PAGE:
Constant improvement in operational effectiveness is necessary to achieve superior profitability. However, it is not usually sufficient. Few companies have competed successfully on the basis of operational effectiveness over an extended period, and staying ahead of rivals gets harder every day. The most obvious reason for that is the rapid diffusion of best practices. Competitors can quickly imitate management techniques, new technologies, input improvements, and superior ways of meeting customers’ needs. The most generic solutions – those that can be used in multiple settings – diffuse the fastest. Witness the proliferation of OE techniques accelerated by support from consultants.

OE competition shifts the productivity frontier outward, effectively raising the bar for everyone. But although such competition produces absolute improvement in operational effectiveness, it leads to relative improvement for no one. Consider the $5 billion-plus U.S. commercial-printing industry. The major players – R.R. Donnelley & Sons Company, Quebecor, World Color Press, and Big Flower Press–are competing head to head, serving all types of customers, offering the same array of printing technologies (gravure and web offset), investing heavily in the same new equipment, running their presses faster, and reducing crew sizes. But the resulting major productivity gains are being captured by customers and equipment suppliers, not retained in superior profitability. Even industry-leader Donnelley’s profit margin, consistently higher than 7% in the 1980s, fell to less than 4.6% in 1995. This pattern is playing itself out in industry after industry. Even the Japanese, pioneers of the new competition, suffer from persistently low profits. (See the insert “Japanese Companies Rarely Have Strategies.”)

The second reason that improved operational effectiveness is insufficient – competitive convergence – is more subtle and insidious. The more benchmarking companies do, the more they look alike. The more that rivals outsource activities to efficient third parties, often the same ones, the more generic those activities become. As rivals imitate one another’s improvements in quality, cycle times, or supplier partnerships, strategies converge and competition becomes a series of races down identical paths that no one can win. Competition based on operational effectiveness alone is mutually destructive, leading to wars of attrition that can be arrested only by limiting competition.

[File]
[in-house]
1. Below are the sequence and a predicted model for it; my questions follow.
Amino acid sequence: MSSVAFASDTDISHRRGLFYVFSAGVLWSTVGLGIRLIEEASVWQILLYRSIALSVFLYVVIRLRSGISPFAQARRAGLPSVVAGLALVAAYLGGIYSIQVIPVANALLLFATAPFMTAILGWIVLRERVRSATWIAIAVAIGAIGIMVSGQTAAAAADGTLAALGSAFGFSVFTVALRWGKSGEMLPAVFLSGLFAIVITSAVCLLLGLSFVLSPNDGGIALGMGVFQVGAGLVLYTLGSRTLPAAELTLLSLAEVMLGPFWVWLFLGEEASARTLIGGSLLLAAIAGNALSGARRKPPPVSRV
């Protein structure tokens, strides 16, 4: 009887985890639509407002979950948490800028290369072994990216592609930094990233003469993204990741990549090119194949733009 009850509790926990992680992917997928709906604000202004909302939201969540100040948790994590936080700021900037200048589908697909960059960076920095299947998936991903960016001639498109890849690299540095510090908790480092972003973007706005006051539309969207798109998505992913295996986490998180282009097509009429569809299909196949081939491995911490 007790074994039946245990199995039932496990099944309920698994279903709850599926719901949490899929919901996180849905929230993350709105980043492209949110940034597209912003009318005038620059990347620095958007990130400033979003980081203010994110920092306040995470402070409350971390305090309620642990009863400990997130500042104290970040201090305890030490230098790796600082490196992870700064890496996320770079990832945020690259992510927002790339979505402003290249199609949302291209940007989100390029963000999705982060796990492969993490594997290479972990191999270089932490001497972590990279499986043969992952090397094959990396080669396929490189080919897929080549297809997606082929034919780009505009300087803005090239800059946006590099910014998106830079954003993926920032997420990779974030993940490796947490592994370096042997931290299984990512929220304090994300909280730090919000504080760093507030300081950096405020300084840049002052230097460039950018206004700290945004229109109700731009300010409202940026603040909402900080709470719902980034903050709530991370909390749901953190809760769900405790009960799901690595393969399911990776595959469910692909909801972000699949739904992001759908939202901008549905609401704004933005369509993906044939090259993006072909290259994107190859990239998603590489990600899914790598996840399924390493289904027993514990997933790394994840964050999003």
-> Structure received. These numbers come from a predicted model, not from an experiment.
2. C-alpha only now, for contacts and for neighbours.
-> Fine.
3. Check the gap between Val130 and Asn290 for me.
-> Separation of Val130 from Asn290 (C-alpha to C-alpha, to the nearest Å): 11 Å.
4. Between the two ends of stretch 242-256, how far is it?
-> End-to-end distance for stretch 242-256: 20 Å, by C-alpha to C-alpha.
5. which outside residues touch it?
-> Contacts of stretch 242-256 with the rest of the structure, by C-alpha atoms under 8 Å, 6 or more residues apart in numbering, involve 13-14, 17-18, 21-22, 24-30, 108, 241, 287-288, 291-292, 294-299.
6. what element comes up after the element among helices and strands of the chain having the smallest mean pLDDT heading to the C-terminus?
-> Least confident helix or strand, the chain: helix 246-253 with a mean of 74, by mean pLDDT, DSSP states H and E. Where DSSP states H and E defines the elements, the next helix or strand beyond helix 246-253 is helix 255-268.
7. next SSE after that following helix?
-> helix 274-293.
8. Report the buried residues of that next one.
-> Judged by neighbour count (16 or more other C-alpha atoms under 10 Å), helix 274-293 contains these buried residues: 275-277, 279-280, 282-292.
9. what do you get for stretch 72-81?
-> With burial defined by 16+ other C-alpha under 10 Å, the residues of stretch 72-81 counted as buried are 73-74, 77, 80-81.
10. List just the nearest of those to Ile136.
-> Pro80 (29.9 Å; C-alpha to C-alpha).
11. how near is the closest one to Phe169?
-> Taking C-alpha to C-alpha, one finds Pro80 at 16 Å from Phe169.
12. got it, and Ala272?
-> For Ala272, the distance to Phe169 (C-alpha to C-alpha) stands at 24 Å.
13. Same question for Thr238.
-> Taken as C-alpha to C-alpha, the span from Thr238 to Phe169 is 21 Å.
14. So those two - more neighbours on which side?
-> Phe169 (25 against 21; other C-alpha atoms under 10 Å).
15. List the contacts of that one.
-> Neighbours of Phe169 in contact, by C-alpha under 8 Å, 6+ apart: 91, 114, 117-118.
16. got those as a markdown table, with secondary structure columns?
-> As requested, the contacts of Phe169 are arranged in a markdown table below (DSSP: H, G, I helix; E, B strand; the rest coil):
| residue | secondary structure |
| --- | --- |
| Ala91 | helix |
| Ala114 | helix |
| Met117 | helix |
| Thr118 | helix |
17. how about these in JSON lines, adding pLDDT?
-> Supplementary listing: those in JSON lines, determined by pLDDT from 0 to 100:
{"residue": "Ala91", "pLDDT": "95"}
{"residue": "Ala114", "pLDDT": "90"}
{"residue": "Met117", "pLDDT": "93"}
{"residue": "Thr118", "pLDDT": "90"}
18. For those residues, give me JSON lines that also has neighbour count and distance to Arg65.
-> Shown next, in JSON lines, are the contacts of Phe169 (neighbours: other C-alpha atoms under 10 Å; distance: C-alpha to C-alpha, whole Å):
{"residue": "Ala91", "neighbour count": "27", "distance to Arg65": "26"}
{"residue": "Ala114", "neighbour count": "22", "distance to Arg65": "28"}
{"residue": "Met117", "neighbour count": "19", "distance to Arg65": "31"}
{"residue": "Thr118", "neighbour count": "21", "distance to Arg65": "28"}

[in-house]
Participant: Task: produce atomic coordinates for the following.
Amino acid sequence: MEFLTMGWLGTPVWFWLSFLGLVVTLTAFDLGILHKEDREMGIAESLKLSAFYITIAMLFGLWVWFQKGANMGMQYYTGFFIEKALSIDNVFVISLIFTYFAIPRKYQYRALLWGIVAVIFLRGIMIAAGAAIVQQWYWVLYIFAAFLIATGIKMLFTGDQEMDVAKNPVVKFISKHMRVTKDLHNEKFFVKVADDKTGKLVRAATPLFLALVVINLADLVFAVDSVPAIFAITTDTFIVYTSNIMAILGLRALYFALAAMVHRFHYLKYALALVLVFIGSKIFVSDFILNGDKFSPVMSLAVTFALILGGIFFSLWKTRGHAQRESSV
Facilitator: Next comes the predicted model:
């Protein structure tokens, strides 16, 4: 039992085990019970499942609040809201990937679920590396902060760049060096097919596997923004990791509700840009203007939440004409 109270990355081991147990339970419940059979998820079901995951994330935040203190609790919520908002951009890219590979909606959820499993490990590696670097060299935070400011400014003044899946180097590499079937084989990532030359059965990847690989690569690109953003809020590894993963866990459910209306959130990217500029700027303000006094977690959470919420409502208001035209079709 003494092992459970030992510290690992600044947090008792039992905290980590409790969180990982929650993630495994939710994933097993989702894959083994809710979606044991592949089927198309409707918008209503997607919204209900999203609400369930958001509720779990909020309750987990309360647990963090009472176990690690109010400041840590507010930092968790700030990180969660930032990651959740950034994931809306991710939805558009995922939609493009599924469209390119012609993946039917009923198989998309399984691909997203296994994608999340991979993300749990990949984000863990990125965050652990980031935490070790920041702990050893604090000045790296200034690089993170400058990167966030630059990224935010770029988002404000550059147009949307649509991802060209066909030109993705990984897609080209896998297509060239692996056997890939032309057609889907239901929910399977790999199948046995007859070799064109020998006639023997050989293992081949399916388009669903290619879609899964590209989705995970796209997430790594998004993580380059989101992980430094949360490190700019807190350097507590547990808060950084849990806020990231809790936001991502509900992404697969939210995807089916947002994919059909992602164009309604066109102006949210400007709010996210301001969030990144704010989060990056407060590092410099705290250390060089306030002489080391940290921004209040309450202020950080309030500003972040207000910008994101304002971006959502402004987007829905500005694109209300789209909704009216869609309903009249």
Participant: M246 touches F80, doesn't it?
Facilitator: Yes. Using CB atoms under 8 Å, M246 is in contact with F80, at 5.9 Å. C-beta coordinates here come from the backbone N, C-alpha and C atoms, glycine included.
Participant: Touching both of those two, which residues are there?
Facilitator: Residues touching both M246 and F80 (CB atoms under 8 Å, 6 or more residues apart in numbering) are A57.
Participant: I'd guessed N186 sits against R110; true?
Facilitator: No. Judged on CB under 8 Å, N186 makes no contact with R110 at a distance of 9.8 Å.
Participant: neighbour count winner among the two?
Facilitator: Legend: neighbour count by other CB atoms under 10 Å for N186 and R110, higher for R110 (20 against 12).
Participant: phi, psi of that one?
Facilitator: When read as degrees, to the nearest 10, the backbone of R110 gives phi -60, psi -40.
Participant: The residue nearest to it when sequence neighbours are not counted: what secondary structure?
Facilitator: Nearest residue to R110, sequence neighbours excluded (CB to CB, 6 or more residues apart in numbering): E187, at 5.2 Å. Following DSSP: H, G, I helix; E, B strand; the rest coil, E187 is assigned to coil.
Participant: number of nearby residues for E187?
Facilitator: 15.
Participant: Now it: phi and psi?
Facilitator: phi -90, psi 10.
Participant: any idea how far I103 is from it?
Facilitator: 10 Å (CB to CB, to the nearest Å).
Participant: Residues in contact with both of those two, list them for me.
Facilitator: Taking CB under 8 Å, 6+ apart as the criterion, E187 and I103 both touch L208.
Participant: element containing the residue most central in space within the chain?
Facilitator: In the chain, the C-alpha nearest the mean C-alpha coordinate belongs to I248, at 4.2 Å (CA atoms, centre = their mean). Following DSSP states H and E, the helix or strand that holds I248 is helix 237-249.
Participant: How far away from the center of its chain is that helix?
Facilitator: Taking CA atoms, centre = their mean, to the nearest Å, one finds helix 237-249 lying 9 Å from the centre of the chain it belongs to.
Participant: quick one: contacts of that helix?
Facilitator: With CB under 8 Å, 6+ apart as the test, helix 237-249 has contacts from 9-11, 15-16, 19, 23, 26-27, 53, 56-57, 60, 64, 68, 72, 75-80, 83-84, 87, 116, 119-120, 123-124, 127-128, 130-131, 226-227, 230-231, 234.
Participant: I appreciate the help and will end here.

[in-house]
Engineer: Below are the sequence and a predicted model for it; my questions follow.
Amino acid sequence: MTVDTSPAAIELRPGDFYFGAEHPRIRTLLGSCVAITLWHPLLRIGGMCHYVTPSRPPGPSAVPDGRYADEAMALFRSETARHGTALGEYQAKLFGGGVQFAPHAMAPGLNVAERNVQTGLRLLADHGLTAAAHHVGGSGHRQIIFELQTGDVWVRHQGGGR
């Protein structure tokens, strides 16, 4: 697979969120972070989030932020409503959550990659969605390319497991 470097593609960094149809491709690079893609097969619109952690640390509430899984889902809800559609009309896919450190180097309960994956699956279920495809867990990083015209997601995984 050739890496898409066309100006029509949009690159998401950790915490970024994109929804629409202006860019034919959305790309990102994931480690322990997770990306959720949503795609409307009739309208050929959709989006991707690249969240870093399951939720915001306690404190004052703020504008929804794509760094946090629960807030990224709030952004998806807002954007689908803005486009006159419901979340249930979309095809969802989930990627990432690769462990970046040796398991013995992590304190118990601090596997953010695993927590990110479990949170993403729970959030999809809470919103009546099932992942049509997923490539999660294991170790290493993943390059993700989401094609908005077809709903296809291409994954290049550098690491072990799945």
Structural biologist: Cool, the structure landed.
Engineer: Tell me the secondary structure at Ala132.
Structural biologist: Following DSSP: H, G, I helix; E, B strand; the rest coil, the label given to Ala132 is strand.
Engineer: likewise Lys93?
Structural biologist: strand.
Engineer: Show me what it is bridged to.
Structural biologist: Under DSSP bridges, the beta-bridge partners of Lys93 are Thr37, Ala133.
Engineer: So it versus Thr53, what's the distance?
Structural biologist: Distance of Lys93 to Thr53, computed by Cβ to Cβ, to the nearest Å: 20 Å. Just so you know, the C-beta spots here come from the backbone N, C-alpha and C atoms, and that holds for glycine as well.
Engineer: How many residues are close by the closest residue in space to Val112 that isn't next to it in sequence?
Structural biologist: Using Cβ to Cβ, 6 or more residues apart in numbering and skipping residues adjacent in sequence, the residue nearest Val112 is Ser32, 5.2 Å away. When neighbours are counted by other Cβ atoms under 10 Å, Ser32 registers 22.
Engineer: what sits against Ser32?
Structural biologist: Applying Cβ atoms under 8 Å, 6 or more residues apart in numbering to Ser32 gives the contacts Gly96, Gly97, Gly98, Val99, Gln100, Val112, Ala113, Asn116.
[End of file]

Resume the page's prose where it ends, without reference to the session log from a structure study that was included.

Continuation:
The recent wave of industry consolidation through mergers makes sense in the context of OE competition. Driven by performance pressures but lacking strategic vision, company after company has had no better idea than to buy up its rivals. The competitors left standing are often those that outlasted others, not companies with real advantage.

After a decade of impressive gains in operational effectiveness, many companies are facing diminishing returns. Continuous improvement has been etched on managers’ brains. But its tools unwittingly draw companies toward imitation and homogeneity. Gradually, managers have let operational effectiveness supplant strategy. The result is zerosum competition, static or declining prices, and pressures on costs that compromise companies’ ability to invest in the business for the long term.